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Carfax accident report bill still kicking in Springfield

November 18, 2010

For the third spring session in four years, state legislators will consider a bill that would make available in electronic form any accident reports related to a vehicle offered for sale in Illinois. If the measure becomes law, companies that sell vehicle history reports would add such information to their reports, which would harm the values of used vehicles, including customer trade-ins.


Carfax remains the impetus behind the measure. The Fairfax, Va., company wants access to the admittedly inaccurate records maintained by the Illinois Department of Transportation.


As part of its latest push, Carfax has established the Used-Car Buyers Right-to-Know Coalition, and a Web site, The coalition includesCarfax and a hodgepodge of unrelated entities such as the Illinois Coaches Association and the Illinois Coalition for Immigrant and Refugee Rights.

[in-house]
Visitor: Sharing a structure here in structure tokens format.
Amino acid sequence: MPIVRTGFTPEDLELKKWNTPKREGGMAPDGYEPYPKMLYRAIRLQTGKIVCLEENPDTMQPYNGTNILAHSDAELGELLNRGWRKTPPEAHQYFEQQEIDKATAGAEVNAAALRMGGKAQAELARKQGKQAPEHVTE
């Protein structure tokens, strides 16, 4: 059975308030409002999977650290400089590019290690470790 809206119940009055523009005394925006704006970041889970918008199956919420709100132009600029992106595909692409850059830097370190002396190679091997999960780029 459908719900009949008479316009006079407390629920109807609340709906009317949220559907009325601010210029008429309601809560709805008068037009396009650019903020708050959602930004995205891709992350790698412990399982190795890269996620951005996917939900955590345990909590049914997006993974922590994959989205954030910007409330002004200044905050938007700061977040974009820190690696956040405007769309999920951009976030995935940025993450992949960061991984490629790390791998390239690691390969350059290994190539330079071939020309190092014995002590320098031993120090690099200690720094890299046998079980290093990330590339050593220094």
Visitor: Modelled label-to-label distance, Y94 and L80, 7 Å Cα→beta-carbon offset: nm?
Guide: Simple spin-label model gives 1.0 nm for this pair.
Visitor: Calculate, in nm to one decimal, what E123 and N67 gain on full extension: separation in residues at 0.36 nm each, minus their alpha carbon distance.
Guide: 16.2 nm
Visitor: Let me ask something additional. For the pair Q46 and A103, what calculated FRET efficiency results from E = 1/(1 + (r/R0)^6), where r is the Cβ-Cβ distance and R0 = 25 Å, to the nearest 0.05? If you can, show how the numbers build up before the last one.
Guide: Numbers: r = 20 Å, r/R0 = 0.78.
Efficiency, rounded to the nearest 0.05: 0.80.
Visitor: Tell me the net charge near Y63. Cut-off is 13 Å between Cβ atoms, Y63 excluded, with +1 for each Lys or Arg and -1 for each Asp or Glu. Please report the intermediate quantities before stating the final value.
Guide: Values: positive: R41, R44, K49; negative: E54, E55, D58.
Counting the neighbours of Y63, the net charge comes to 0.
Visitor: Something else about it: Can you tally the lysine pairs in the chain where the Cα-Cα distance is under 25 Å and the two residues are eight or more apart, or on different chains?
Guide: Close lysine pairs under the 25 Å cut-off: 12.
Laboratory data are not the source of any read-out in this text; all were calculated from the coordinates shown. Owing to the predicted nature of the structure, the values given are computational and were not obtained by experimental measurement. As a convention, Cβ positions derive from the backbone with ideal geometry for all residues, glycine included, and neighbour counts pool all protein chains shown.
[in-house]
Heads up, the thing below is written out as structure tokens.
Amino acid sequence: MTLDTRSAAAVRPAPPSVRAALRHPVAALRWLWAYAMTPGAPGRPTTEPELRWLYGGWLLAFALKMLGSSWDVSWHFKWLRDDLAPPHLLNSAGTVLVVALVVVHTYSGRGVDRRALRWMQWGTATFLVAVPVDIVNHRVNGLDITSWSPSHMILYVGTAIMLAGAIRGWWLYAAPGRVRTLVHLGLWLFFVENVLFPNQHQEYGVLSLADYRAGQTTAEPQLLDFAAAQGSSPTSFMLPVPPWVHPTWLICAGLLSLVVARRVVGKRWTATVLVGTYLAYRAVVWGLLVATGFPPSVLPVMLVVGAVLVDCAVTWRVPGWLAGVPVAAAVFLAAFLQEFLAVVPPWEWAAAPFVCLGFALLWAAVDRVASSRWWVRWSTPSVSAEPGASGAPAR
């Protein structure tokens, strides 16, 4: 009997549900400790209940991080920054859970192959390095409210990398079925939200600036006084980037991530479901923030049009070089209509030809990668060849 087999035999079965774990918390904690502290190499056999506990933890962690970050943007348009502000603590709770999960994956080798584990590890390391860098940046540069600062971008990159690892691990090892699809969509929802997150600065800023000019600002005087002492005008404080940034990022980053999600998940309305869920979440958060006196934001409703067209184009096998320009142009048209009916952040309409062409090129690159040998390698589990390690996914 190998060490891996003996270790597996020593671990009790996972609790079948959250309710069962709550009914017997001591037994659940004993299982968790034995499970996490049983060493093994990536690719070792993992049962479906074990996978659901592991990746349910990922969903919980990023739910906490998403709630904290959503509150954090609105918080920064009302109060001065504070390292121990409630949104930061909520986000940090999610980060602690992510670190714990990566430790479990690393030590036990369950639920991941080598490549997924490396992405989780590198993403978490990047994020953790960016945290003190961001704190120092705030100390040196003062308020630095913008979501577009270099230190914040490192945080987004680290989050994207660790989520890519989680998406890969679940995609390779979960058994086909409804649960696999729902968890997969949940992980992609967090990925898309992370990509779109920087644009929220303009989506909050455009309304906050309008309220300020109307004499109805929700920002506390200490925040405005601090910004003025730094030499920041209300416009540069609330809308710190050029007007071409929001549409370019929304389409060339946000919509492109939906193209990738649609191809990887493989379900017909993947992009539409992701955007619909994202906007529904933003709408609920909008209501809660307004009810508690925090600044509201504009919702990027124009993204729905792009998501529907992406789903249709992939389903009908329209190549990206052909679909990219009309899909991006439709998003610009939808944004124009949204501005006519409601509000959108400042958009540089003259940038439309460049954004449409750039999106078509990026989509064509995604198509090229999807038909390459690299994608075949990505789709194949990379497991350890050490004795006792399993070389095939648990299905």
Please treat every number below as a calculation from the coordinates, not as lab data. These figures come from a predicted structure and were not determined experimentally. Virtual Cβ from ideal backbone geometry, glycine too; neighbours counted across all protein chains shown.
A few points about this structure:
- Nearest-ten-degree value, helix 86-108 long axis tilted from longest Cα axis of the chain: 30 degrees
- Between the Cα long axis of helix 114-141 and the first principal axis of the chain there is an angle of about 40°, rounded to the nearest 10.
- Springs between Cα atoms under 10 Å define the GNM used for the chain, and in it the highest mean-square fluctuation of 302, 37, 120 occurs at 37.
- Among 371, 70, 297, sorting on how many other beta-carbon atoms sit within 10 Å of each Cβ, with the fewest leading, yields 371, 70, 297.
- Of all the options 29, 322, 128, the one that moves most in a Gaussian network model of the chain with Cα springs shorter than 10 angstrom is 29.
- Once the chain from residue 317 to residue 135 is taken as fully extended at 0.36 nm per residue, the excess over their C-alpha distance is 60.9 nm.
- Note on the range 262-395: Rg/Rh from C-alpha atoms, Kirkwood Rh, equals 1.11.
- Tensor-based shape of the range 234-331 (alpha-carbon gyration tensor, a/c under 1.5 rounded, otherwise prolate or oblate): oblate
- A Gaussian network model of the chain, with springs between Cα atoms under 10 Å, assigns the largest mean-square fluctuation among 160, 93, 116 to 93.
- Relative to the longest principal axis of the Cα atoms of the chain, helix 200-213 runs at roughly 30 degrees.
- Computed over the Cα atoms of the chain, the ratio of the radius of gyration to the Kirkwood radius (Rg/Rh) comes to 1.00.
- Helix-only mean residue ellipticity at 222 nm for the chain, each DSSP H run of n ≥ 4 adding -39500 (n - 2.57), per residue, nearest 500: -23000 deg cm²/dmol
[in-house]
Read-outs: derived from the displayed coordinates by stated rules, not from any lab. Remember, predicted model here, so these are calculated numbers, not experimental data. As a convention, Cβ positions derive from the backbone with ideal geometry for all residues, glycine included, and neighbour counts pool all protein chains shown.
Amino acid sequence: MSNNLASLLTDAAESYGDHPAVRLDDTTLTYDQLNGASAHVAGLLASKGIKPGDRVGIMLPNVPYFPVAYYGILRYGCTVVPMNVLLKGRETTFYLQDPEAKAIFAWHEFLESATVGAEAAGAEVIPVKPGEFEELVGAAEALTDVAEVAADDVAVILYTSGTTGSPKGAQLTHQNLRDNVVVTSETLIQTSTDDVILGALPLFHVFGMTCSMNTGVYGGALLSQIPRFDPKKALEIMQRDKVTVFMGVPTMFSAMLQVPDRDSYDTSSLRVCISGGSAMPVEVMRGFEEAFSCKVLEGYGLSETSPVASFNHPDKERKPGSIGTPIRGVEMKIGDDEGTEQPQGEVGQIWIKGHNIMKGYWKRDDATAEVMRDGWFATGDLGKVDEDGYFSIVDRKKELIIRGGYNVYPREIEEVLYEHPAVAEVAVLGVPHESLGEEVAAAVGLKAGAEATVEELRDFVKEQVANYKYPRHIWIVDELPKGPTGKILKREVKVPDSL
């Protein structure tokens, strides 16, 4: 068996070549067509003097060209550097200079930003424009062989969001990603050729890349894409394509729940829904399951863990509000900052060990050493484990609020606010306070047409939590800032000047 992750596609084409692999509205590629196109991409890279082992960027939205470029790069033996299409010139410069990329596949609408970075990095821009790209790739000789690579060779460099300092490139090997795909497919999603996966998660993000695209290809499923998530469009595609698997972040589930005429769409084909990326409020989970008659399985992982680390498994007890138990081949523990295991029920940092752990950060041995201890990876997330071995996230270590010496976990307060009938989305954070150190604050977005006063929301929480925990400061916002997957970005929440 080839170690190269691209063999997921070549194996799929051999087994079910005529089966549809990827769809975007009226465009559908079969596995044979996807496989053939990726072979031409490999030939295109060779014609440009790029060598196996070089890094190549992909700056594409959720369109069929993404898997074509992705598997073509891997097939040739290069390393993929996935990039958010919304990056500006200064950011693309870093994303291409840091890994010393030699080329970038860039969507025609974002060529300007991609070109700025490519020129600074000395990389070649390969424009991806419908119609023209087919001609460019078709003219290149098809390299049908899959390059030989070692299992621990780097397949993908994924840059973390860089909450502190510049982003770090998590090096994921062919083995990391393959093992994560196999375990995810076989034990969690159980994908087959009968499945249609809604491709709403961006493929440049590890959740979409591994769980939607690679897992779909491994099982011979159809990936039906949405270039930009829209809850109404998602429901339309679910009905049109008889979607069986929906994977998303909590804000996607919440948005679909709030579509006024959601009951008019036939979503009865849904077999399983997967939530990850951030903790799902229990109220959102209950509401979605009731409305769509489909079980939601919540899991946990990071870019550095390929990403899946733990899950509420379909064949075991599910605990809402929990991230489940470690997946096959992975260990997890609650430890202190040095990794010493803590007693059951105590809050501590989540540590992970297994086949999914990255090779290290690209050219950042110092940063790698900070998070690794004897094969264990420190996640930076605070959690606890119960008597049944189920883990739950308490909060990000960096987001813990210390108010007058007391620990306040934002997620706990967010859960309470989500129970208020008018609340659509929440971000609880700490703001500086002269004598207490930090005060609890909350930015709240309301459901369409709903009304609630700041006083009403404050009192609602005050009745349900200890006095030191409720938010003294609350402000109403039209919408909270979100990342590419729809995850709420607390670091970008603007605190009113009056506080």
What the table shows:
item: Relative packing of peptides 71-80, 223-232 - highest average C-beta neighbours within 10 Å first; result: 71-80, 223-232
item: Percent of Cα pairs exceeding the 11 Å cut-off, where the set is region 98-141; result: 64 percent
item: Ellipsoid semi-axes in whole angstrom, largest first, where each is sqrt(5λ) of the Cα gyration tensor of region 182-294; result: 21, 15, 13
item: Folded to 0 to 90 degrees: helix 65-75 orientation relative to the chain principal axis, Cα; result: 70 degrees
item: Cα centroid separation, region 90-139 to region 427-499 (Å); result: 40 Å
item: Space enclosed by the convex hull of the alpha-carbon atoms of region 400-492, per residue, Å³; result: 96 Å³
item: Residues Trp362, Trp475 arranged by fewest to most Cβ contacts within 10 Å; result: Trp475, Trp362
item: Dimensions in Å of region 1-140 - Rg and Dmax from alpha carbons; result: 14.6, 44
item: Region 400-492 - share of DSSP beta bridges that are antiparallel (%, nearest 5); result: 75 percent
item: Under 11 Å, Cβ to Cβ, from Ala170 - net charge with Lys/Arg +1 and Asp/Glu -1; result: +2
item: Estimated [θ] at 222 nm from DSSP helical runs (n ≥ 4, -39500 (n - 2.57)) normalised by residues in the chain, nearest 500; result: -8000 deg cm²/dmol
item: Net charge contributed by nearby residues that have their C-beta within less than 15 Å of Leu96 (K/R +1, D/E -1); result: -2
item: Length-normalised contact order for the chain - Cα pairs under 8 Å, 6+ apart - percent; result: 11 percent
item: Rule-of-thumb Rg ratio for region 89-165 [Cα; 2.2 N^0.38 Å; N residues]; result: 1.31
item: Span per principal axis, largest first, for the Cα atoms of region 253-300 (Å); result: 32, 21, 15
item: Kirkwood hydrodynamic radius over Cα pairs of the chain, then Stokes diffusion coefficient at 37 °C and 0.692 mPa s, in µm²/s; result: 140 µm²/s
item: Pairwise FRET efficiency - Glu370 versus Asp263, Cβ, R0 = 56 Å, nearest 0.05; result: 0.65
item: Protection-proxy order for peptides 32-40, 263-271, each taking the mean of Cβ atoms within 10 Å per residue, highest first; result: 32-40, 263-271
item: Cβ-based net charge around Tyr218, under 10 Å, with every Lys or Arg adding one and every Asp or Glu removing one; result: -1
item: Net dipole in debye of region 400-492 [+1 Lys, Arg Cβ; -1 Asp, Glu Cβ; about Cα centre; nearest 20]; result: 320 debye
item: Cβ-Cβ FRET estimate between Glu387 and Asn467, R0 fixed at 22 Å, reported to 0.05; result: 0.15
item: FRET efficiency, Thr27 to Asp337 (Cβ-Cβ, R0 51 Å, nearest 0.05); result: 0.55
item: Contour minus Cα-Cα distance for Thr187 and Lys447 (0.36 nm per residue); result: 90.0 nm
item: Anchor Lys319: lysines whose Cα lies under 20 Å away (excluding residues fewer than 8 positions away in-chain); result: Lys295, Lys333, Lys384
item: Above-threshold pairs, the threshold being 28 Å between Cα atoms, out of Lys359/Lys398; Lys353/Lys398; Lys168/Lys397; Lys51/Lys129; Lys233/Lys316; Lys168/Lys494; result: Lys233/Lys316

Detractors of the legislation, Senate Bill 1839, have cited several problems, notably the imprecision of Transportation Department records and the fact that Carfaxdoes not guarantee the accuracy of any accident information in its history reports.


It is vital for all Illinois dealers to contact their state senators, to derail SB 1839 in the senate chamber. To identify a senator, see the Web site of the Illinois State Board of Elections at Searches to identify senators can be conducted by name or by the constituent’s district number or street address.


Inaccuracies related to accident reports are common. Police officers who complete the reports rarely are expert at determining the extent of damage or the costs to correct the damage. Also, a VIN entered wrongly on the report or transposed later by a typist would assign any damage to a different vehicle.


The Carfax Web site states "An error made at the data source may appear on the Carfax Report," and "we will not know about an error until it is brought to our attention." Carfax itself reportedly discards more than 40 percent of the accident reports it reviews in other states because of inaccuracies in the transcripts.


Still, prosecuting attorneys in other states already point to Carfax reports as containing definitive information.


A dealer who sells a used vehicle without disclosing prior damage—known or unknown—can face demands of a refund by the purchaser or a lawsuit.